As I write this article and prepare for school Washington is gridlocked and the country seems on the verge of being sucked back into a war in Iraq. The interminable conflict between Israel and the Palestinians leaves even those of us who want to believe that righteousness and peace will prevail sometimes questioning that belief. Meanwhile another unarmed black man lays dead, this time in Feguson, Missouri, and the town he lived and died in looks like it is under military occupation with peaceful protestors under siege. Do my students feel dismayed, confused, and hopeless?

Thankfully the beginning of the school year and being a teacher infuses me with a wellspring of hope for the future. Otherwise why would I do this job? Pahsi Sahlberg, in his book Finnish Lessons: What Can the World Learn From Educational Change in Finland? states that “…it is paramount that teachers’ workplaces allow them to fulfill their moral missions. In Finland, as in many other countries, a teaching career is a result of an inner desire to work with people and help them and their societies through teaching.” I am the heir of a long line of individuals who under the most difficult of circumstances taught the next generation. What must it have been like to be a teacher of newly freed slave children in the 1860’s or of immigrant children in the 19th and early 20th centuries? And what of those young people who 50 years ago spent their summer teaching in Mississippi Freedom Schools and thereby helping to change the course history. Those unsung and unknown teachers that preceded me are my legacy, and like Whitney Houston sang many years ago, “I believe the children are our future, Teach them well and let them lead the way.” To all my fellow teachers and educators, Welcome Back to School!

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On Being “Just” a Teacher

I can remember a few years back attending the National Association of Independent School’s (NAIS) annual People of Color Conference and having a discussion with one of the attendees. He was explaining to me that his brother had told him that it was a shame that their parents had wasted so much money on him to become a teacher. The poet, Taylor Mali, in his spoken word poem, “What Teachers Make,” recalls an encounter with an individual at a dinner party who asks him “What’s a kid going to learn from someone who decided his best option in life was to become a teacher?” In my own life I have often felt that those closest to me have not respected what I have chosen to do for a living. From resentment that I have the summers off to needling me to leave the classroom and better myself, I have had to listen to others define what I do in less than flattering terms and unfortunately I came to internalize these beliefs. Although it has been difficult at times, and I even left the classroom briefly to become an administrator, I have now come to realize and celebrate the fact that I have been blessed to be in one of the most honorable professions there is. I am, as a parent told me in June after our 8th grade graduation, a “born teacher.”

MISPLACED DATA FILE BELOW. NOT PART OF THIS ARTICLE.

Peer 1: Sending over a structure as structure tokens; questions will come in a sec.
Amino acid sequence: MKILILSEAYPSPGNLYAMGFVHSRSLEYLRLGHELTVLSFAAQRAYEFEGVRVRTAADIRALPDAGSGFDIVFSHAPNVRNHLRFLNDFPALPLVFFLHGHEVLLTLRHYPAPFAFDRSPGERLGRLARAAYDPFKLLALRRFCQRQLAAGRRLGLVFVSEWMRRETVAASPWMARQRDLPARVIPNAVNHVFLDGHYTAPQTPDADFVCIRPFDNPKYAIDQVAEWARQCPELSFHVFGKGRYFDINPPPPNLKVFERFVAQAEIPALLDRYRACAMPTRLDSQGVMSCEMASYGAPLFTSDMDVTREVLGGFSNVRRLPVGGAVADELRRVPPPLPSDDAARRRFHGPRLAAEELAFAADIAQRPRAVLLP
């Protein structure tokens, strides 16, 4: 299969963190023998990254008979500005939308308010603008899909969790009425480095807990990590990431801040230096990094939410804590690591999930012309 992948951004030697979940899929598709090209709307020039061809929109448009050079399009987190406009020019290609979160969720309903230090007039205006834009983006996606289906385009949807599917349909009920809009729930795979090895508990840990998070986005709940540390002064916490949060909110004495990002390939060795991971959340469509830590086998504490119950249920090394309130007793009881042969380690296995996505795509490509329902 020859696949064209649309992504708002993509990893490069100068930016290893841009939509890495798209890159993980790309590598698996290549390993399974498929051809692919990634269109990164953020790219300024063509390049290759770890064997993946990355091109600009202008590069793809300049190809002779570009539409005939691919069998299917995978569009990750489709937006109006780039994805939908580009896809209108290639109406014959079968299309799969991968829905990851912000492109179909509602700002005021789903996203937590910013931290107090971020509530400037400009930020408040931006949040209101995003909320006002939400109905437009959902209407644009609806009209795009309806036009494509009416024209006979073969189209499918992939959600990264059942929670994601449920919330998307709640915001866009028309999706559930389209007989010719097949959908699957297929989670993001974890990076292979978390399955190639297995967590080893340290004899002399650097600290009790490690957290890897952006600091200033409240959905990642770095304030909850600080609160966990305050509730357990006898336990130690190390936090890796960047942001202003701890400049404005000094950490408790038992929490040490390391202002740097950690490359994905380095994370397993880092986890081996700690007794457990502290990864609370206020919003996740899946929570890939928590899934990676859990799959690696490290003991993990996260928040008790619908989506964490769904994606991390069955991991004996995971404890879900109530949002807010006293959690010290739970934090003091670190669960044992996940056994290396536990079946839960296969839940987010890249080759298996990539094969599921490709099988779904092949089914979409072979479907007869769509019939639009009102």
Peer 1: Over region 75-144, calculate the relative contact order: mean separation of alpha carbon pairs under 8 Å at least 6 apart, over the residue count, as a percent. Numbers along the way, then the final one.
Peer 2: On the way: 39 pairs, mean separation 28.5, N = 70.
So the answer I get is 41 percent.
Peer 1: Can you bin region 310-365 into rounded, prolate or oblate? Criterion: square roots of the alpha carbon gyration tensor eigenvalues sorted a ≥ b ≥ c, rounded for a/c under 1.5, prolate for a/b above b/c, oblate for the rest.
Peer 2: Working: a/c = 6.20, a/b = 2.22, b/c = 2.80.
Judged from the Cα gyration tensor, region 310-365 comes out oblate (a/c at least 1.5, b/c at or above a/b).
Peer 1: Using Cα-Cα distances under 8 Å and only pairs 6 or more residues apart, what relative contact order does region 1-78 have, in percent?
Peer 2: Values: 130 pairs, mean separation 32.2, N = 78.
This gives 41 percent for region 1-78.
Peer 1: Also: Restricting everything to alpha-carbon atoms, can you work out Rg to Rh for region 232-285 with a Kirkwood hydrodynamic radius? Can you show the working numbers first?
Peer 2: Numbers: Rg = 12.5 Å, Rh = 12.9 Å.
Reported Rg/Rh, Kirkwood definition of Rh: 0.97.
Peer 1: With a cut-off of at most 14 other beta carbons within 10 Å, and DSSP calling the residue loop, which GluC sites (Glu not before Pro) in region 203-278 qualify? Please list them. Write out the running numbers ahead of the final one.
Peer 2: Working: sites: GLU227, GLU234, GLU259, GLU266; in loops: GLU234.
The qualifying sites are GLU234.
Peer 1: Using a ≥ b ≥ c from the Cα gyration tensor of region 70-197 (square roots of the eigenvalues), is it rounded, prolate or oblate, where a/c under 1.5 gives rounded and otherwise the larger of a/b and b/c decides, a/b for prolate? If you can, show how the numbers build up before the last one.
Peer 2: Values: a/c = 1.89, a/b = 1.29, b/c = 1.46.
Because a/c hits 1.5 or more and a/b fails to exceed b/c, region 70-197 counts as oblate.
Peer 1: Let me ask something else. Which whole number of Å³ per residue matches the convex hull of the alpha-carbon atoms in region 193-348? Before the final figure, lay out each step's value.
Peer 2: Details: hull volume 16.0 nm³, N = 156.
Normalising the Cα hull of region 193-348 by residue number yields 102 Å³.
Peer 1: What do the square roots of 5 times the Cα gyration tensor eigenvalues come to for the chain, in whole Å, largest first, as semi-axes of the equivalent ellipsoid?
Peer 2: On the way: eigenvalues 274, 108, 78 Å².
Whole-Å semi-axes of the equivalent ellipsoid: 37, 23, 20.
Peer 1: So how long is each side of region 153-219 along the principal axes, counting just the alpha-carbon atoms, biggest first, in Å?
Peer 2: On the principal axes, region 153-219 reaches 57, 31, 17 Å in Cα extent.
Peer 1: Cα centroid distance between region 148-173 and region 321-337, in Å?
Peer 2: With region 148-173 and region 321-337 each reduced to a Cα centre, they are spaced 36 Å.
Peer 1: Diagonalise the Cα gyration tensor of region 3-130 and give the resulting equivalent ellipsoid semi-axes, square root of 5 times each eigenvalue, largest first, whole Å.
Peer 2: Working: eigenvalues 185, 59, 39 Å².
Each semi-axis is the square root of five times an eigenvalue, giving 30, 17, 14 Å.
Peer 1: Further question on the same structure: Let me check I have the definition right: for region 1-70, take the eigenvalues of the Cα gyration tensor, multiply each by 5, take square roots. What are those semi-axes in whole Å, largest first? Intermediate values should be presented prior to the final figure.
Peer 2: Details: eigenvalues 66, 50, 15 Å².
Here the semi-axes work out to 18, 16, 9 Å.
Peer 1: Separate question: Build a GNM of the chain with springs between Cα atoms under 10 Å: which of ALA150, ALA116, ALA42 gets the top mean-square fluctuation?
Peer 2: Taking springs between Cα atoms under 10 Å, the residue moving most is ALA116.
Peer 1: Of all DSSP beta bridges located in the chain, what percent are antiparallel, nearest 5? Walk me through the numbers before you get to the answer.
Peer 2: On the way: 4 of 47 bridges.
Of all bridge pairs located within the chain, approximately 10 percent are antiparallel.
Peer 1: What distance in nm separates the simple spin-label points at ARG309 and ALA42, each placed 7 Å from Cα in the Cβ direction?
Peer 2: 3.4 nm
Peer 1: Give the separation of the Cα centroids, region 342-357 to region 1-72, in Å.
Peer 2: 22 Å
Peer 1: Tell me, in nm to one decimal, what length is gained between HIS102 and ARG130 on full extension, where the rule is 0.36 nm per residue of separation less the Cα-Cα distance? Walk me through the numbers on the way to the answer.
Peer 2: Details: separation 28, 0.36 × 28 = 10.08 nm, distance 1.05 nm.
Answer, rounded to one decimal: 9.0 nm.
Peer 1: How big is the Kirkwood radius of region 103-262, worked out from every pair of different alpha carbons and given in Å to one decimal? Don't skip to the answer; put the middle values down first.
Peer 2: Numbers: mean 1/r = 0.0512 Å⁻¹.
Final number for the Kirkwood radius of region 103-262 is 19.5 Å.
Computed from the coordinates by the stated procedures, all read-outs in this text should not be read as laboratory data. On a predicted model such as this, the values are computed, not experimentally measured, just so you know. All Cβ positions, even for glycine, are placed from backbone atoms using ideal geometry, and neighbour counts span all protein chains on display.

Our society does not respect those of us who have chosen education for a profession and the monetary compensation we receive often reflects this. As a private independent school teacher for most of my career, I am grateful for teaching in environments where I have been very respected by both administrators and parents. However, this still does not make up for the fact that according to an article in Independent School Magazine several years ago, “The median salary of independent school heads, with inflation adjustment, increased 31.4 percent between 1999 and 2009. The median salary of teachers, with inflation adjustment, increased 5.8 percent in the same time period.” Wherever we have chosen to work, rather public or private schools, as teachers we are constantly faced with a barrage of negative publicity in addition to inadequate compensation, which can and does affect the way we look at ourselves and how others look at what we do. Of course this probably has more to say about the skewed values of American society in the 21st century, then it does about those of us who teach.